NAMA’s draft business plan has many bizarre aspects. Chief among them, however, is the claim that only 20% of the loans purchased by NAMA will default, with the other 80% of loans eventually paying off in full. The plan justifies this as follows:
Over a five year period in the early 1990s, one UK bank experienced a default rate of less than 10% on its whole book. Given the concentrated nature of the prospective NAMA portfolio and the risk of a prolonged recession, a 20% default rate assumption has been made.
Fianna Fail TD Frank Fahey on Morning Ireland stated that the UK bank in question was Barclays and that this comparison means that the 20% default rate assumption was “prudent” and “conservative” and “much bigger than it needs to be.”
So the argument here is that because the default rate on Barclays’s total loan book in the 1990s was less than 10%, this means that it’s ok to assume that the default rate on NAMA’s assets will only be 20%.
I think this is perhaps the most odious comparison we have heard yet in the NAMA debate. The Barclay’s loan book being referred to (its “whole book”) included all sorts of loans with low average default rates. However, the NAMA loan book is a selected class of assets—property and development loans—specifically chosen because the losses on these loans are so large they are threatening the solvency of the Irish banking system.
The reasoning underlying the default rate assumption is akin to asserting that because only 10 percent of men are taller than six foot, it’s reasonable to assume that no more than 20 percent of a basketball team will be taller than six foot.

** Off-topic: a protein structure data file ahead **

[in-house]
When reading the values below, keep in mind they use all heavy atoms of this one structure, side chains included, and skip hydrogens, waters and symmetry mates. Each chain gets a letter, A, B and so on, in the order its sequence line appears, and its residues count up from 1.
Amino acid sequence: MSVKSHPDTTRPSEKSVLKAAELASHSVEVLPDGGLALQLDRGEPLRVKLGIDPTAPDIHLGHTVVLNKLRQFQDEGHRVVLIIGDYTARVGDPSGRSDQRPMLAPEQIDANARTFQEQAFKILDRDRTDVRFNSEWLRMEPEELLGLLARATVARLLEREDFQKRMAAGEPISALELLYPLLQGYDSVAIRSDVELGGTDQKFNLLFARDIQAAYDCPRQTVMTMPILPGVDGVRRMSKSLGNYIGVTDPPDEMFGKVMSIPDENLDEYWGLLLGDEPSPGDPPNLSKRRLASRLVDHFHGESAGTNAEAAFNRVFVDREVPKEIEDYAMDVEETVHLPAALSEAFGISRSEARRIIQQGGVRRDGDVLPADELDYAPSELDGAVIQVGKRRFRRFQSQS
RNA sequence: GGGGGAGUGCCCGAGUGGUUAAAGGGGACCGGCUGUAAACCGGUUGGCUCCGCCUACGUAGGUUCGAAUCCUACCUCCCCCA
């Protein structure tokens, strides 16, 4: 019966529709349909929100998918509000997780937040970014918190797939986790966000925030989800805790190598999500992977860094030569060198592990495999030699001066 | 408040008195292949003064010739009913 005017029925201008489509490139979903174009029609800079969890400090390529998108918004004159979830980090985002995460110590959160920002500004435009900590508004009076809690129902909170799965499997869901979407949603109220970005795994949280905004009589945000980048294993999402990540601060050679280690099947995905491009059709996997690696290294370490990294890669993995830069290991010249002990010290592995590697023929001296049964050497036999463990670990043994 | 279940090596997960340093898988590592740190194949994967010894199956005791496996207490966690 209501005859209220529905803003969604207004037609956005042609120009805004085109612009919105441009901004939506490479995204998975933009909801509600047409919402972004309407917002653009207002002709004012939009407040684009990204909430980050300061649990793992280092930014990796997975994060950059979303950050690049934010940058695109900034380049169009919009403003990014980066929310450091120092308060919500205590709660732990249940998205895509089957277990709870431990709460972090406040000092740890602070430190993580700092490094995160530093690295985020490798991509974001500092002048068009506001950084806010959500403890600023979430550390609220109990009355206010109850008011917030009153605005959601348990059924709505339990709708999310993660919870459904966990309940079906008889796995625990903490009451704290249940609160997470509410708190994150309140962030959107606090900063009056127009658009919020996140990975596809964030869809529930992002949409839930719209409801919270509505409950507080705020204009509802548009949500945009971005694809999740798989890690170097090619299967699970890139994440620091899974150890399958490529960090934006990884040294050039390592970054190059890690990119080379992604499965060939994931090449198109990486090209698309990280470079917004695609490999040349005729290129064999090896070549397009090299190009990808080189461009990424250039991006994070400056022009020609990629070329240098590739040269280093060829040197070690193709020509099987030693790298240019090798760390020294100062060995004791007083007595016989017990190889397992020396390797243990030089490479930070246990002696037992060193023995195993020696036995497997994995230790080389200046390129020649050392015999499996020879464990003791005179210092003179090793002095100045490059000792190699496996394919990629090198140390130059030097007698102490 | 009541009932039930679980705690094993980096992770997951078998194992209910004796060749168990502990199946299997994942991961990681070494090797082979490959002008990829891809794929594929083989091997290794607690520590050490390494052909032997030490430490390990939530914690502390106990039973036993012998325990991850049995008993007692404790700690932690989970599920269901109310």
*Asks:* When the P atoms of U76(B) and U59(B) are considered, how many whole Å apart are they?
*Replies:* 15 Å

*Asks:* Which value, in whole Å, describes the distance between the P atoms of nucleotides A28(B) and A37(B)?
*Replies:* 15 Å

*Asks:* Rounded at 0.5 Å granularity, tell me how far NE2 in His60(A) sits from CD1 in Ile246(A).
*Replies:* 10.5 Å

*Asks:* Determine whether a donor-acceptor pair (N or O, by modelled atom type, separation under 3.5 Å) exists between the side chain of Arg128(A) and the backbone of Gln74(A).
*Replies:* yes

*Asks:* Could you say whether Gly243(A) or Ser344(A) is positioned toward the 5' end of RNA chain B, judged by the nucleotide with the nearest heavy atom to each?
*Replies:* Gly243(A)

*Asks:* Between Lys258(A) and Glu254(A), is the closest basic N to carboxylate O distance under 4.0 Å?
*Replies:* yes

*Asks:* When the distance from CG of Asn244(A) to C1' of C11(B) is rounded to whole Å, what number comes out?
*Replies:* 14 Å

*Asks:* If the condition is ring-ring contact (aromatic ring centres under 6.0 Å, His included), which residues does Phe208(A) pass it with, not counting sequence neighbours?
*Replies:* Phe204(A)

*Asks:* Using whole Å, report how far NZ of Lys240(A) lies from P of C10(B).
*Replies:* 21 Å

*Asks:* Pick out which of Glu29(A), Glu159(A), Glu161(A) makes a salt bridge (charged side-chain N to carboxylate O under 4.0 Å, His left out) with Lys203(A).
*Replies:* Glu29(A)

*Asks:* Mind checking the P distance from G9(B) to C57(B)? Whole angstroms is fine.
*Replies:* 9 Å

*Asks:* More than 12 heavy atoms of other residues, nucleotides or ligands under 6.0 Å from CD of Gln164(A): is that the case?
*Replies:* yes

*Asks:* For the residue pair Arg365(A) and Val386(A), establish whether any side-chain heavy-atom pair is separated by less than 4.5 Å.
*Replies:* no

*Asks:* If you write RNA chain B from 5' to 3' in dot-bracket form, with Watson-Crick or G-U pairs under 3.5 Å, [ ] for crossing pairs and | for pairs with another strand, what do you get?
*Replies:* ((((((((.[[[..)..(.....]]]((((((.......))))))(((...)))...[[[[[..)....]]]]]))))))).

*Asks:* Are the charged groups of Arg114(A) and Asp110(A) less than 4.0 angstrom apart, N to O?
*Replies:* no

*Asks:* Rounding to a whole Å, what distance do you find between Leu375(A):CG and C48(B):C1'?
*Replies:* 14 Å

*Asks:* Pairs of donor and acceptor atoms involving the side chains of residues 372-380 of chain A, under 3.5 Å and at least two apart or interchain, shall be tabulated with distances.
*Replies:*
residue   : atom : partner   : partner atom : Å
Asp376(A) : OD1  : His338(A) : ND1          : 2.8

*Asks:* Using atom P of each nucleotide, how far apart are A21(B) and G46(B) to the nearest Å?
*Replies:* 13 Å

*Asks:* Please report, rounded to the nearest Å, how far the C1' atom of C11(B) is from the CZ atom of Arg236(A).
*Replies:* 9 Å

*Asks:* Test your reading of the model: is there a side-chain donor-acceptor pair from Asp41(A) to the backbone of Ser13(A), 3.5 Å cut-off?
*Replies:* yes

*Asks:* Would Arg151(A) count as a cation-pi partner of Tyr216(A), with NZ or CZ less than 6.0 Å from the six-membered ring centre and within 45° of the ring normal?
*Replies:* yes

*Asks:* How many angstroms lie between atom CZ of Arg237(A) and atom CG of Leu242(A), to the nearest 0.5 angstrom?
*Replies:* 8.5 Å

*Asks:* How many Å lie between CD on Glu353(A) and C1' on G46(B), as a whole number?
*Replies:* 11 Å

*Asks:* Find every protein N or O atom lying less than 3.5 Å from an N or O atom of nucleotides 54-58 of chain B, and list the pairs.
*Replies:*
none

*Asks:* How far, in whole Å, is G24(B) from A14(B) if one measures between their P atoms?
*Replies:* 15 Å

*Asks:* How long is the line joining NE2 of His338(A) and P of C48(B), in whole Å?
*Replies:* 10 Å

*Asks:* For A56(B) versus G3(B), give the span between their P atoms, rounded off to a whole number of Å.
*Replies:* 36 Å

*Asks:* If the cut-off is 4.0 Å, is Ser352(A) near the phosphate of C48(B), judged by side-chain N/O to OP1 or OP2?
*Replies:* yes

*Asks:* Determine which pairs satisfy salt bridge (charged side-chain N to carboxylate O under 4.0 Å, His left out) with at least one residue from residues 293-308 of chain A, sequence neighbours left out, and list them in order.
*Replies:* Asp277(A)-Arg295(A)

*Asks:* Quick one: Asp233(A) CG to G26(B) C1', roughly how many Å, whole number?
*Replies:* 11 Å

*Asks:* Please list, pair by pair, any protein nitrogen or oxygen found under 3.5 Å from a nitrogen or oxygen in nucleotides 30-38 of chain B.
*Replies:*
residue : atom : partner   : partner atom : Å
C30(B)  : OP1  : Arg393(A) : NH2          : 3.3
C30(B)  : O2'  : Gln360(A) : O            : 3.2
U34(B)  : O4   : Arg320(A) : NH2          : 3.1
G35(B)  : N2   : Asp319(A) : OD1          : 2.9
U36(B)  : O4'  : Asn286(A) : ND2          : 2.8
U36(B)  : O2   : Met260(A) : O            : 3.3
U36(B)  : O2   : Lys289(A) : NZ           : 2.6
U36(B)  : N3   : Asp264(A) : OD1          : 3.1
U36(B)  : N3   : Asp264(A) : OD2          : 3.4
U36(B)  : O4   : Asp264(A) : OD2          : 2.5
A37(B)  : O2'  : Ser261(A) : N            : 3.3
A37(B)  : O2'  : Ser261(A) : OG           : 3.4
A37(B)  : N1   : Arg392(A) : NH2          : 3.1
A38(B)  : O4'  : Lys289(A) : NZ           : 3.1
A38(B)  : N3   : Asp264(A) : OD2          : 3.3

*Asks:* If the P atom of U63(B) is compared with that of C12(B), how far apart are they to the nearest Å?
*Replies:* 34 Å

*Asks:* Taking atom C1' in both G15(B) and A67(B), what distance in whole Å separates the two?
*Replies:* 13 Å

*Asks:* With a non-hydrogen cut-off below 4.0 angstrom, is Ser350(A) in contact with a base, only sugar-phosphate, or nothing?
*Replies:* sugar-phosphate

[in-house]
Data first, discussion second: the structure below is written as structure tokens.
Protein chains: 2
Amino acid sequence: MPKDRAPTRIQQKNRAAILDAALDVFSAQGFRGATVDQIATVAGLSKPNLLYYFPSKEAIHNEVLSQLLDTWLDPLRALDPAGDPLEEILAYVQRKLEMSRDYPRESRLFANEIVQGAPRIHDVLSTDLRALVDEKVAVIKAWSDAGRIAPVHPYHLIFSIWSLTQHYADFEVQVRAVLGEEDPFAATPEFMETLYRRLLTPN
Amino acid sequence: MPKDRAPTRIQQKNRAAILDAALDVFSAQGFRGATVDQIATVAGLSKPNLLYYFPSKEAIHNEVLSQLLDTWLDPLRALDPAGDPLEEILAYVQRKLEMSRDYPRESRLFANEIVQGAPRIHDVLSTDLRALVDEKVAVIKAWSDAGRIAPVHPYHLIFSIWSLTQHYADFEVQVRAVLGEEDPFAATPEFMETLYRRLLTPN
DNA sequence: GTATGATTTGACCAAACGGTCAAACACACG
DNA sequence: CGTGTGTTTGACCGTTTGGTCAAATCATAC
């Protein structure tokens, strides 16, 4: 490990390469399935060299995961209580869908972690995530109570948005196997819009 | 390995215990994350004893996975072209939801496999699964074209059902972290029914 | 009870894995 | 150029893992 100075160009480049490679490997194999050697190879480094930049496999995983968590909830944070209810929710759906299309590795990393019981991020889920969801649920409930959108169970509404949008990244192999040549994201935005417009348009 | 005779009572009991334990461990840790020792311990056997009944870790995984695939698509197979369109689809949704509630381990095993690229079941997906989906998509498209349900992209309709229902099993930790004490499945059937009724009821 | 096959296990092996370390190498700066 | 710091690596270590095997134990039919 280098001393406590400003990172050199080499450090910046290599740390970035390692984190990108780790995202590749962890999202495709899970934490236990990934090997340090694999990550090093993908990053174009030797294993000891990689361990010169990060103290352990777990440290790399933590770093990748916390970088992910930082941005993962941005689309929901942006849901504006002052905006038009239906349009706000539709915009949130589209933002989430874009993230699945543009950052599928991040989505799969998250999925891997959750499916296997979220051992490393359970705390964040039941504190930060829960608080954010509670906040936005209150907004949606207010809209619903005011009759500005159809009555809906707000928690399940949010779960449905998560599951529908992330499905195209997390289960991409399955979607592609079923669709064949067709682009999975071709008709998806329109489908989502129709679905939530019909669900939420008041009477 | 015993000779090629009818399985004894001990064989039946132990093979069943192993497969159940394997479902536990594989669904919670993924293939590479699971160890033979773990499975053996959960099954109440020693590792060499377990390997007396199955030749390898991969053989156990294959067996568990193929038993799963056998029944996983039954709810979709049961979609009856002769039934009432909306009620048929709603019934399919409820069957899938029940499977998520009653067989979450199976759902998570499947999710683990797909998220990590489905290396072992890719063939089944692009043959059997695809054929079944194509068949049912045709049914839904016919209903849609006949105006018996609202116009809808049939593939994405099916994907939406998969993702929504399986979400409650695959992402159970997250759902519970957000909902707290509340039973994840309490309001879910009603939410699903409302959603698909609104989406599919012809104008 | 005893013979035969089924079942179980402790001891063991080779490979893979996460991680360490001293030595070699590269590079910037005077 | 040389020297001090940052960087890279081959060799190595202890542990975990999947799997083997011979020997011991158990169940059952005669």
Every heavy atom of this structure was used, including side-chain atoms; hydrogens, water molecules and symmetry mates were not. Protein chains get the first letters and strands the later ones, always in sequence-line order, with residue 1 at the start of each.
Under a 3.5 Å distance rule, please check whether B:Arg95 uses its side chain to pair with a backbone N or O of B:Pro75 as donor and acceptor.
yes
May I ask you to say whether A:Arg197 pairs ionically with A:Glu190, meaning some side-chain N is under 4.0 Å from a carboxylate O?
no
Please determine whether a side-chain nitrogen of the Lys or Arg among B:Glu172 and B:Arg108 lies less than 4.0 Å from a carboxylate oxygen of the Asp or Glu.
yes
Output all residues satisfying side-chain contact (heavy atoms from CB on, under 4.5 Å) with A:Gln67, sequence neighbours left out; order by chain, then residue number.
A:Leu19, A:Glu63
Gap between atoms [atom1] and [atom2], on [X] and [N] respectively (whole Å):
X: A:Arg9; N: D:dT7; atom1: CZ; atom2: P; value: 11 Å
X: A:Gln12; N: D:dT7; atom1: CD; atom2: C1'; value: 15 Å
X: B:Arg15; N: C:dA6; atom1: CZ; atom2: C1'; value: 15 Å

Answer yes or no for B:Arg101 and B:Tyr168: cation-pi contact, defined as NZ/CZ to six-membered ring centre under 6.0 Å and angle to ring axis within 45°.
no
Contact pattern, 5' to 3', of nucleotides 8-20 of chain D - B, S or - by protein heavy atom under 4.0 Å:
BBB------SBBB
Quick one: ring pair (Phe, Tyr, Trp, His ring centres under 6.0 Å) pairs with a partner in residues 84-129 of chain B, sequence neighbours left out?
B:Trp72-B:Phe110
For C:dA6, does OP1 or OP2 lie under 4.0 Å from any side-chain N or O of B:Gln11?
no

The fact is that NAMA only exists because this particular class of assets is performing so badly that a radical state intervention is being planned to save the banks that made these loans. Perhaps I missed it, but I don’t recall such interventions being planned in relation to the total loan books of UK banks in the 1990s.
The bottom line here is that it is patently clear that far more than 20% of these loans will fail to be paid back in full. That this claim can be released to the public in the expectation of being taken seriously is an indication that we have really moved into cloud-cuckoo territory.
As an aside, I’d note that Fahey also stated that the banks “were borrowing the money at 1.5%”. This is the famous 1.5% that is the initial interest rate that the government is paying to the banks. Yet again, we see another example of government spokesmen who don’t even understand the basic mechanics of NAMA in the sense of who is lending money to whom and at what rate.